Journal of the House of Lords: Volume 18, 1705-1709. Originally published by His Majesty's Stationery Office, London, 1767-1830.
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DIE Mercurii, 28 Novembris.
Sir Thomas Cave, Leave for a Bill.
Upon reading the Petition of Sir Thomas Cave, of Stanford, in the County of Leicester, Baronet; praying Leave to bring in a Bill, to sell an Estate at Eydon, in the County of Northampton, devised by the Will of John Browne Esquire, on settling Lands in the same County, of the like Value, to the same Uses:
Burnet, Nat. Bill.
The Lord Treasurer acquainted the House, "That the Lords with White Staves attended Her Majesty, with the Desire of this House, for printing the Letters laid before this House; and that Her Majesty was pleased to say, She would give Orders for printing them immediately."
Answer from H. C.
Princess Sophia, Bill for Leave to be naturalized.
Hodie 2a vice lecta est Billa, intituled, "An Act for exhibiting a Bill in this present Parliament, for naturalizing the most Excellent Princess Sophia, Electress and Dutchess Dowager of Hanover, and the Issue of her Body."
Doulbin's Petition to be considered.
Message from H. C. that they agree to the following Address:
Address to maintain a good Correspondence with the Allies.
"We, Your Majesty's most dutiful and loyal Subjects, the Lords Spiritual and Temporal, and Commons, in Parliament assembled, being justly alarmed by the many Artifices which the Emissaries of France have put in Practice this last Year, in order to raise Jealousies, and create Misunderstandings, amongst the Allies engaged in this necessary War, for the Support of the Liberties of Europe; and being apprehensive lest such malicious Insinuations, if they should pass unobserved, might in Time so far take Place, as to abate the Spirit, and slacken the Zeal, of the Confederacy; do most humbly beseech Your Majesty to use all possible Endeavours to preserve a good Correspondence amongst all the Confederates, and, in a most particular Manner, to maintain and cultivate a strict Friendship with The States General of the United Provinces.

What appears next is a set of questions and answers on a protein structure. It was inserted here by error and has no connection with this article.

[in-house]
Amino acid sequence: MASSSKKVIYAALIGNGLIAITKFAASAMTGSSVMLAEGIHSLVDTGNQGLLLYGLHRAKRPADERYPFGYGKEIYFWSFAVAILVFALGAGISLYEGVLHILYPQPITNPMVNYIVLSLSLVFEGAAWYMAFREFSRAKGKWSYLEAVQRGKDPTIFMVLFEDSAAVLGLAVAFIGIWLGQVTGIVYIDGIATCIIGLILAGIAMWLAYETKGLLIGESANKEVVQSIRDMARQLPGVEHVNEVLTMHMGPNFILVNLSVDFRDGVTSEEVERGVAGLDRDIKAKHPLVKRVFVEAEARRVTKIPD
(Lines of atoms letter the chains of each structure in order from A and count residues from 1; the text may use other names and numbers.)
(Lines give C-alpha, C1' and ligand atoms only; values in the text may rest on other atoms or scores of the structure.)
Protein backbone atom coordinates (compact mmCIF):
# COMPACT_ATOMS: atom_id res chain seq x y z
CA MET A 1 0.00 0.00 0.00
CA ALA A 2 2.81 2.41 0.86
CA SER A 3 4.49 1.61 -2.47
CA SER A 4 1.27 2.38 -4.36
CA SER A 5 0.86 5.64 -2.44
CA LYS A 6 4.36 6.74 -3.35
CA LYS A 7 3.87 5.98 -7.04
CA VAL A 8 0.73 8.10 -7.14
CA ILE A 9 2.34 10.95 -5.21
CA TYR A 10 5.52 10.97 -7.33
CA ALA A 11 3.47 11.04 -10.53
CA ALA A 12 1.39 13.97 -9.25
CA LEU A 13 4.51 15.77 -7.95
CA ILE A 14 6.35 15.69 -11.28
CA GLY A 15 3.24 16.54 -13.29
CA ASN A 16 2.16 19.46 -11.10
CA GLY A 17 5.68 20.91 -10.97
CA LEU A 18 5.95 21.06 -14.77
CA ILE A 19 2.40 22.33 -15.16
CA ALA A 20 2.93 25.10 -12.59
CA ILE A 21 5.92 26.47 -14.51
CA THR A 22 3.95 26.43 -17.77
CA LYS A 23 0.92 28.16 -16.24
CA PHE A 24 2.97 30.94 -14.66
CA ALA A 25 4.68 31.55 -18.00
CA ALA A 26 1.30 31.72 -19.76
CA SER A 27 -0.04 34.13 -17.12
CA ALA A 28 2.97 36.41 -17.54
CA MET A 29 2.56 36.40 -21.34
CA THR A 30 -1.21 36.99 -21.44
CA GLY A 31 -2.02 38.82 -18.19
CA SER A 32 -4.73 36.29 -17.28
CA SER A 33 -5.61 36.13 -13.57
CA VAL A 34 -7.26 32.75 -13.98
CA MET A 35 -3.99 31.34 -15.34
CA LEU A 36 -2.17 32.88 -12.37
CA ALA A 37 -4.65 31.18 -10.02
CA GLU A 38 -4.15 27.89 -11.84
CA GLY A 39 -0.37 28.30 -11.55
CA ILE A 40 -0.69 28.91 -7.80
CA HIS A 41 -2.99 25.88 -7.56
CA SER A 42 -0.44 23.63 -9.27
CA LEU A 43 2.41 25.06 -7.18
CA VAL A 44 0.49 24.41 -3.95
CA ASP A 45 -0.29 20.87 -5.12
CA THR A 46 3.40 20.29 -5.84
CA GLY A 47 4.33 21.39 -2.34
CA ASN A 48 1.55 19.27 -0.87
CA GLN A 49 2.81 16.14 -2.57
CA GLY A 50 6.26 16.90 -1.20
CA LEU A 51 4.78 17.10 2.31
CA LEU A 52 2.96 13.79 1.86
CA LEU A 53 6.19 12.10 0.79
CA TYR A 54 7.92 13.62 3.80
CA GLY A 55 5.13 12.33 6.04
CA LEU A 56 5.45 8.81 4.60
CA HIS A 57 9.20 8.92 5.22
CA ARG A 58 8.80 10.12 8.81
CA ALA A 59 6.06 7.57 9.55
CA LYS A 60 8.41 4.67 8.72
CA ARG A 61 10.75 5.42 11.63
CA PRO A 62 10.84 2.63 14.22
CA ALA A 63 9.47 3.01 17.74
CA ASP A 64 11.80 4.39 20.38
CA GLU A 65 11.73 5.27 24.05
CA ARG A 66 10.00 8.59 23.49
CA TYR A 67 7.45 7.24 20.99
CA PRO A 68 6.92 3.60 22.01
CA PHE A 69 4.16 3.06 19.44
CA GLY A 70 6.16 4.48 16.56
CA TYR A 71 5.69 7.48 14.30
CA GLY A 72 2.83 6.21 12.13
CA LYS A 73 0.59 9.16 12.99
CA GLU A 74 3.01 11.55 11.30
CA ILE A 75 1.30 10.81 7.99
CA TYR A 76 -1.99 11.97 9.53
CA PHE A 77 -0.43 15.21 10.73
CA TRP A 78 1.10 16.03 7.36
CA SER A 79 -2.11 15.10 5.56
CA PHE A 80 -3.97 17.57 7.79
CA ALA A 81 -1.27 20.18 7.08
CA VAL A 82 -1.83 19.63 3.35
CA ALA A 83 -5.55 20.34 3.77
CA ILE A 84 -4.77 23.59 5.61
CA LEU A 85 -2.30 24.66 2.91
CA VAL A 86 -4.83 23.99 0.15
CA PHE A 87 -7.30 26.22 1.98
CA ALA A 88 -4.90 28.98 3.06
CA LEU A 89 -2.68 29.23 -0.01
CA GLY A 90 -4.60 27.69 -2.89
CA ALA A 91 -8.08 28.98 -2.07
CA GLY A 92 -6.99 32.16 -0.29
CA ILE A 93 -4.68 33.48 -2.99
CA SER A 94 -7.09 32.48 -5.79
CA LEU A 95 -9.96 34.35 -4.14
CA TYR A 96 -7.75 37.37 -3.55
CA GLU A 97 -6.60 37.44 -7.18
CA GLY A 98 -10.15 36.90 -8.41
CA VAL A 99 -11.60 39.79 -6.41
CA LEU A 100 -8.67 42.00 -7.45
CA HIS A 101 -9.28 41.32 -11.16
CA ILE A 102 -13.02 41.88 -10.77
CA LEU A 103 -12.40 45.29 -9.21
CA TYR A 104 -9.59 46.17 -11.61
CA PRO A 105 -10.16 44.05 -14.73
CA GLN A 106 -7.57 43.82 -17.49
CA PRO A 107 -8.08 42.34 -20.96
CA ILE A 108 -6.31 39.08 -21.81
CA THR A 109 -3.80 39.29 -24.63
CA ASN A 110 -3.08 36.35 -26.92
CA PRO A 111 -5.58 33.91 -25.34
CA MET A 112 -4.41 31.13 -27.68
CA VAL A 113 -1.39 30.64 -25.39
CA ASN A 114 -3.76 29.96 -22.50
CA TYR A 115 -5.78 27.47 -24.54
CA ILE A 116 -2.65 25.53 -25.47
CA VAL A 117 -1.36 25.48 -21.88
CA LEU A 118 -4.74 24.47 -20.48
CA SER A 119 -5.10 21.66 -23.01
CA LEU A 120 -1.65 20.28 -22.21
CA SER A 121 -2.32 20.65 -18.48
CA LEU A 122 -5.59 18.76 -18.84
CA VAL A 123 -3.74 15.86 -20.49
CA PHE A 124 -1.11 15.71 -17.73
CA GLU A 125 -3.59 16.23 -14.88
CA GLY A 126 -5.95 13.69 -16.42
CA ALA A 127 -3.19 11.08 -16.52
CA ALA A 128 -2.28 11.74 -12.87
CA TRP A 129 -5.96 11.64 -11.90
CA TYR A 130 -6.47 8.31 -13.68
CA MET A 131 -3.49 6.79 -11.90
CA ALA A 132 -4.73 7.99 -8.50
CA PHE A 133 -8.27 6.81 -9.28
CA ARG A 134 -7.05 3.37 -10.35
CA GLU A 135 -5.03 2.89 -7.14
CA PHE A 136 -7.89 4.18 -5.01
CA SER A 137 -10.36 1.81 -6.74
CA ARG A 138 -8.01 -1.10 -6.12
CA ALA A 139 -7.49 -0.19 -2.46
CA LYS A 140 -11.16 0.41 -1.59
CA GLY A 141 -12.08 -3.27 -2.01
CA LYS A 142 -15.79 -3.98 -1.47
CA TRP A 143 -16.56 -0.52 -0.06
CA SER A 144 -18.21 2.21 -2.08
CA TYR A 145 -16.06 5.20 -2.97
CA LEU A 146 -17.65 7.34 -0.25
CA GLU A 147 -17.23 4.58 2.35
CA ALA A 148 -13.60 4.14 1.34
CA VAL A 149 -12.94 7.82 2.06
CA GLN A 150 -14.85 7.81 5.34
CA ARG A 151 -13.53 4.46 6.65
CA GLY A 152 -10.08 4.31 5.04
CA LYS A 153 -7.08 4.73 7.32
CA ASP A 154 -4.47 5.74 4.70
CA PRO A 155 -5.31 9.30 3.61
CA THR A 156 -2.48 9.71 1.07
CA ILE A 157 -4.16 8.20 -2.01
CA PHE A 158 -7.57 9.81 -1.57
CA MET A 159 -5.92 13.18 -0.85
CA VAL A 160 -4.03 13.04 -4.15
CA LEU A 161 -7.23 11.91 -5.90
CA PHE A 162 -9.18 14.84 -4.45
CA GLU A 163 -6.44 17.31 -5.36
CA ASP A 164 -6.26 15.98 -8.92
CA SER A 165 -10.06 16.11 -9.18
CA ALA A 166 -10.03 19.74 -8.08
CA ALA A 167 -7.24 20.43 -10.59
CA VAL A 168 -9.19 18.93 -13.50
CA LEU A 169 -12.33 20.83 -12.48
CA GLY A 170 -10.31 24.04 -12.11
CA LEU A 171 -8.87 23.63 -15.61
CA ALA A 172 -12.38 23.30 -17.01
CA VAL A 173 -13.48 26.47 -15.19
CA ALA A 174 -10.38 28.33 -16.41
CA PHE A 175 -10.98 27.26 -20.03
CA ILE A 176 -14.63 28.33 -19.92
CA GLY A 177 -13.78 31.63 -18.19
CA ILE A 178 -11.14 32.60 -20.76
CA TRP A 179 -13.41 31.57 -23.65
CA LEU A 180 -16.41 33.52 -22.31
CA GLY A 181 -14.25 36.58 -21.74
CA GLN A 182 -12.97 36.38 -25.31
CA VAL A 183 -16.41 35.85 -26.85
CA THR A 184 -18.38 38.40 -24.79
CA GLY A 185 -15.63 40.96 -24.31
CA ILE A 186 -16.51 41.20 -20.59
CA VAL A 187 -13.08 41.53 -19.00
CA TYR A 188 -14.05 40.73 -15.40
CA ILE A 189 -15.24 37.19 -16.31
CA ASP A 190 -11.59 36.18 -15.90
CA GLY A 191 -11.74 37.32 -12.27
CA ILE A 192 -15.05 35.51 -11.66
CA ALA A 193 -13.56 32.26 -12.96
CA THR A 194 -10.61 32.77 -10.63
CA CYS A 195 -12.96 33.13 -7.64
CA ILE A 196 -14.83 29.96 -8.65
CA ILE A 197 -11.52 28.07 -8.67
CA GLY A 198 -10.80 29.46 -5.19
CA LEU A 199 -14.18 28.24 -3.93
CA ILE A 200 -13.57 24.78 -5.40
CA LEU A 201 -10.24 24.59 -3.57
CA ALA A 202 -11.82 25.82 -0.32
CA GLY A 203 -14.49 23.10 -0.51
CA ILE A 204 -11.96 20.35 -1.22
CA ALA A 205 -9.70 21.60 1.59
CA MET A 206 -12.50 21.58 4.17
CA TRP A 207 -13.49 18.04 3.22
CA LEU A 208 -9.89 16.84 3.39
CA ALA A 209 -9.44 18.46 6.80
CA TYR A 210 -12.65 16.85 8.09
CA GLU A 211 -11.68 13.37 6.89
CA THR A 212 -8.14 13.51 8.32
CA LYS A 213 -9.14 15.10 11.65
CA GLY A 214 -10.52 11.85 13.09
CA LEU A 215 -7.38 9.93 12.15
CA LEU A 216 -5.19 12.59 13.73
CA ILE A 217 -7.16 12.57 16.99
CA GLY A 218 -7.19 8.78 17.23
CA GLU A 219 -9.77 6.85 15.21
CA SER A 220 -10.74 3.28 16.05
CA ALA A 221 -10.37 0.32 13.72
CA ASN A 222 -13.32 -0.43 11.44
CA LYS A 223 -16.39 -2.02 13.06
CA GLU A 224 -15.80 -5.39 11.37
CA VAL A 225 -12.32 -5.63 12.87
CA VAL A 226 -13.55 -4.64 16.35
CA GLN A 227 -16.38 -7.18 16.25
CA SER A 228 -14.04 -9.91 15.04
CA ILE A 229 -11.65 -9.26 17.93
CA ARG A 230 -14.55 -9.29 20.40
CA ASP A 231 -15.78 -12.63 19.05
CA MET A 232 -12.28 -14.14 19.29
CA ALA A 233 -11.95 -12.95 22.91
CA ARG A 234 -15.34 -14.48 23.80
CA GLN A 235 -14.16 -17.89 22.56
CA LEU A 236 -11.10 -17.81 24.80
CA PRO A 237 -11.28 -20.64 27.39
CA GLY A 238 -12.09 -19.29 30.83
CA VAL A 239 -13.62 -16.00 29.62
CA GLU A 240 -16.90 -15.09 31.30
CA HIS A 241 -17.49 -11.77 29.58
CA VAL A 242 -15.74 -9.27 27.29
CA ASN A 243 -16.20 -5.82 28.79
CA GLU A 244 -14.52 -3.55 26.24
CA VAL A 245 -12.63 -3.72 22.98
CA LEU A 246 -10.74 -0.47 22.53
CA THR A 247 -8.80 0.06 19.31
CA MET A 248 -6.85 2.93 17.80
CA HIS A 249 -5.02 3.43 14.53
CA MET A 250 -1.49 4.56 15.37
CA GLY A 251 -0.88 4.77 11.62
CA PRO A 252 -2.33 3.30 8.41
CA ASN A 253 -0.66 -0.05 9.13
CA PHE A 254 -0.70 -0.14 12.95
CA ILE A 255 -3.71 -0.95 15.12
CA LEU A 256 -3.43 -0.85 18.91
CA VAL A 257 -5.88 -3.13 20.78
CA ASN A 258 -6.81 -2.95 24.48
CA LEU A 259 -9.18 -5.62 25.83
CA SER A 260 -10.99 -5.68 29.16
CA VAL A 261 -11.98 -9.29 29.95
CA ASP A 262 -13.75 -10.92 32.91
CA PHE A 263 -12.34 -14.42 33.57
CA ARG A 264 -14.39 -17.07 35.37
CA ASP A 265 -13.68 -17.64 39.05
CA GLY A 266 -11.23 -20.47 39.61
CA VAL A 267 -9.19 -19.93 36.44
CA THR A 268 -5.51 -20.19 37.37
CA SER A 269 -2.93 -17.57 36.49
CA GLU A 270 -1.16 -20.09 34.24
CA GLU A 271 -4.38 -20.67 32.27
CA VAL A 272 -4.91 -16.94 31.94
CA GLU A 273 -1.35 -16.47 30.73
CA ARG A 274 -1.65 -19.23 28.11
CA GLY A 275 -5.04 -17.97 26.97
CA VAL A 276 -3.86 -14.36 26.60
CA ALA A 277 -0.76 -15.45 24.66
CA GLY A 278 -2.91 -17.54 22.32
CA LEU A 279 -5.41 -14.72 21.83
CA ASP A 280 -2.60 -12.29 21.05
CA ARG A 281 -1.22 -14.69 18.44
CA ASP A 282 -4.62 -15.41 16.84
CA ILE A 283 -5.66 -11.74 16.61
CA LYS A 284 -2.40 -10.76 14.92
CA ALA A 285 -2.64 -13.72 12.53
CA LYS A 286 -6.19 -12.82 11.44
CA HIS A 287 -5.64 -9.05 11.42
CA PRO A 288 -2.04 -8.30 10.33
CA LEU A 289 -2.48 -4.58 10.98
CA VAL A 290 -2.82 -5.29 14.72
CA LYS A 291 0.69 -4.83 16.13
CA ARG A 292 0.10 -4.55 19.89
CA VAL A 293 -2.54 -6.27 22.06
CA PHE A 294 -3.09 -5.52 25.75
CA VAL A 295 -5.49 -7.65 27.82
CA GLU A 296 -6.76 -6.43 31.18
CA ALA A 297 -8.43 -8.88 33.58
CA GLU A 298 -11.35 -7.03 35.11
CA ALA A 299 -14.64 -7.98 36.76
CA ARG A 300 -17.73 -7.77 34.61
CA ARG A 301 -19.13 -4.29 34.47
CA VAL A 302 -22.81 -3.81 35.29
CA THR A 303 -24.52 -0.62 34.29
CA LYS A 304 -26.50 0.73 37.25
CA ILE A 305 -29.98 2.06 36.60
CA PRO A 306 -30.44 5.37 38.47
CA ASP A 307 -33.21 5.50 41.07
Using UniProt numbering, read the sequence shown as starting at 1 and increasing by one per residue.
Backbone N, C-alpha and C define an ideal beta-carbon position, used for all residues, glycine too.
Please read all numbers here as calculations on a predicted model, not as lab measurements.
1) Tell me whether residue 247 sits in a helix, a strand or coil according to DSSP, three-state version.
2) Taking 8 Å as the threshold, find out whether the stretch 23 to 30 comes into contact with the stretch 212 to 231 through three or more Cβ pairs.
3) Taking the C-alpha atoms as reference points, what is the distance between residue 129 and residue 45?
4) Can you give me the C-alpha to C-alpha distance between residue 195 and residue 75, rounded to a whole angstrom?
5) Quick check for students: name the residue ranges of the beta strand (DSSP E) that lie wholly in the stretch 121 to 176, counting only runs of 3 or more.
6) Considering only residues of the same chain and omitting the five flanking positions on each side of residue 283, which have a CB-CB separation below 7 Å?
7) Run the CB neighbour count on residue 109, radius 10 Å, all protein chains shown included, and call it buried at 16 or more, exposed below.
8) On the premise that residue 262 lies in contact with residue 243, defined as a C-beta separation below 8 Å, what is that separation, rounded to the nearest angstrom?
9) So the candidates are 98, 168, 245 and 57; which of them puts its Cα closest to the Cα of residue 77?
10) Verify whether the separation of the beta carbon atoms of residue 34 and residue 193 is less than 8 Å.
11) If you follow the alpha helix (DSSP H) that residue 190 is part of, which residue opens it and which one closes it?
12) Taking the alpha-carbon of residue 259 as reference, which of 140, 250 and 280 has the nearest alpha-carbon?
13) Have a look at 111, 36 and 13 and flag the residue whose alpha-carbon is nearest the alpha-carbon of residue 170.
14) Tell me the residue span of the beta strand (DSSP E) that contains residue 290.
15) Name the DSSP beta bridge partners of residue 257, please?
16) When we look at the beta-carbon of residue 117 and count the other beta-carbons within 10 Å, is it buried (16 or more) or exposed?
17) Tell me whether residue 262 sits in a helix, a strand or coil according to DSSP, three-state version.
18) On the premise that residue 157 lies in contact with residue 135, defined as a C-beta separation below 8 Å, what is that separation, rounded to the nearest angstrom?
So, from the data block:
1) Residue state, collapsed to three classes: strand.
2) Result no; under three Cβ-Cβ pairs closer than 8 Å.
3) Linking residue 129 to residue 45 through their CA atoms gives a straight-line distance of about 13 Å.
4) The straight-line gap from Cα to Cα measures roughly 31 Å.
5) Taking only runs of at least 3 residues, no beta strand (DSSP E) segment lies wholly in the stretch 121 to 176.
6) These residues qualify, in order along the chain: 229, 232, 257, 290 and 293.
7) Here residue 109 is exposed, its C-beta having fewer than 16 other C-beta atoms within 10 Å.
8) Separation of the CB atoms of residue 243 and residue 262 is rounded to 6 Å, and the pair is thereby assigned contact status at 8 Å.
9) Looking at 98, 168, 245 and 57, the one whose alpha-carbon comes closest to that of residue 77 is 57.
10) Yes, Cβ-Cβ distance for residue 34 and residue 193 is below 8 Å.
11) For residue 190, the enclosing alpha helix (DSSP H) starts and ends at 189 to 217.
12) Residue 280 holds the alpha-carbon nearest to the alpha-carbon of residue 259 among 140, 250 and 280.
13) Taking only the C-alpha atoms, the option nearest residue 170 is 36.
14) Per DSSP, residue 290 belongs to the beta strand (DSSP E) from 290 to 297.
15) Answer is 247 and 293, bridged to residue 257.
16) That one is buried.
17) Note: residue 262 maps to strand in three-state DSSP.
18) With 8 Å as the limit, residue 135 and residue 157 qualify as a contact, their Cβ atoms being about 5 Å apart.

"And we most humbly entreat Your Majesty, That as, in Your own Way of acting, You have set before Your Allies a great and noble Example; so You would be graciously pleased, by all other proper Means, to excite the whole Confederacy to make early and effectual Preparations, and to exert their utmost Vigour in the Prosecution of the War against France."
It is Ordered, by the Lords Spiritual and Temporal in Parliament assembled, That the Lords with White Staves do wait on Her Majesty, humbly to know what Time Her Majesty will please to be attended with an Address of both Houses of Parliament.
Security of Queen' Person, and Protestant Succession, Bill.
Langhorne versus Stydolph.
Upon reading the Petition of Susannab Langhorne Widow, Respondent to the Appeal of Sigismond Stydolph; setting forth, "That Mr. Brocket, the Petitioner's Solicitor, died above a Year and Half since; and that several of her Papers are not yet come to her Hands; and also that the Appellant has not yet given Security to answer Costs, as usual; and praying further Time to put in her Answer to the said Appeal; and that, in the mean Time, the Appellant may give Security:"
It is Ordered, by the Lords Spiritual and Temporal in Parliament assembled, That the Petitioner hath hereby Time allowed her for answering thereunto, until Monday the Tenth Day of December next, at Eleven a Clock; and that the Appellant Stydolph do enter into Recognizance for Costs, in the mean Time.
Repeal of Clauses relative to Scotland, Bill.
Hodie 2a vice lecta est Billa, intituled, "An Act to repeal several Clauses in the Statute made in the Third and Fourth Years of Her present Majesty's Reign, for securing the Kingdom of England from the several Acts lately passed in the Kingdom of Scotland."
Princess Sophia, Bill for Leave to be naturalized:
Hodie 3a vice lecta est Billa, intituled, "An Act for exhibiting a Bill in this present Parliament, for naturalizing the most Excellent Princess Sophia, Electress and Dutchess Dowager of Hanover, and the Issue of her Body."
Message to H. C. with it.
Queen to be attended with the Address about the Allies:
Message to H. C. to acquaint them with it.
To acquaint them, "That the Lords had sent to Her Majesty, to know what Time Her Majesty will please to appoint, to be attended with the Address of both Houses; and Her Majesty has been pleased to appoint To-morrow, at Half an Hour after Two a Clock in the Afternoon, for both Houses to attend Her at St. James's; and that the Lords intend to be there at that Time."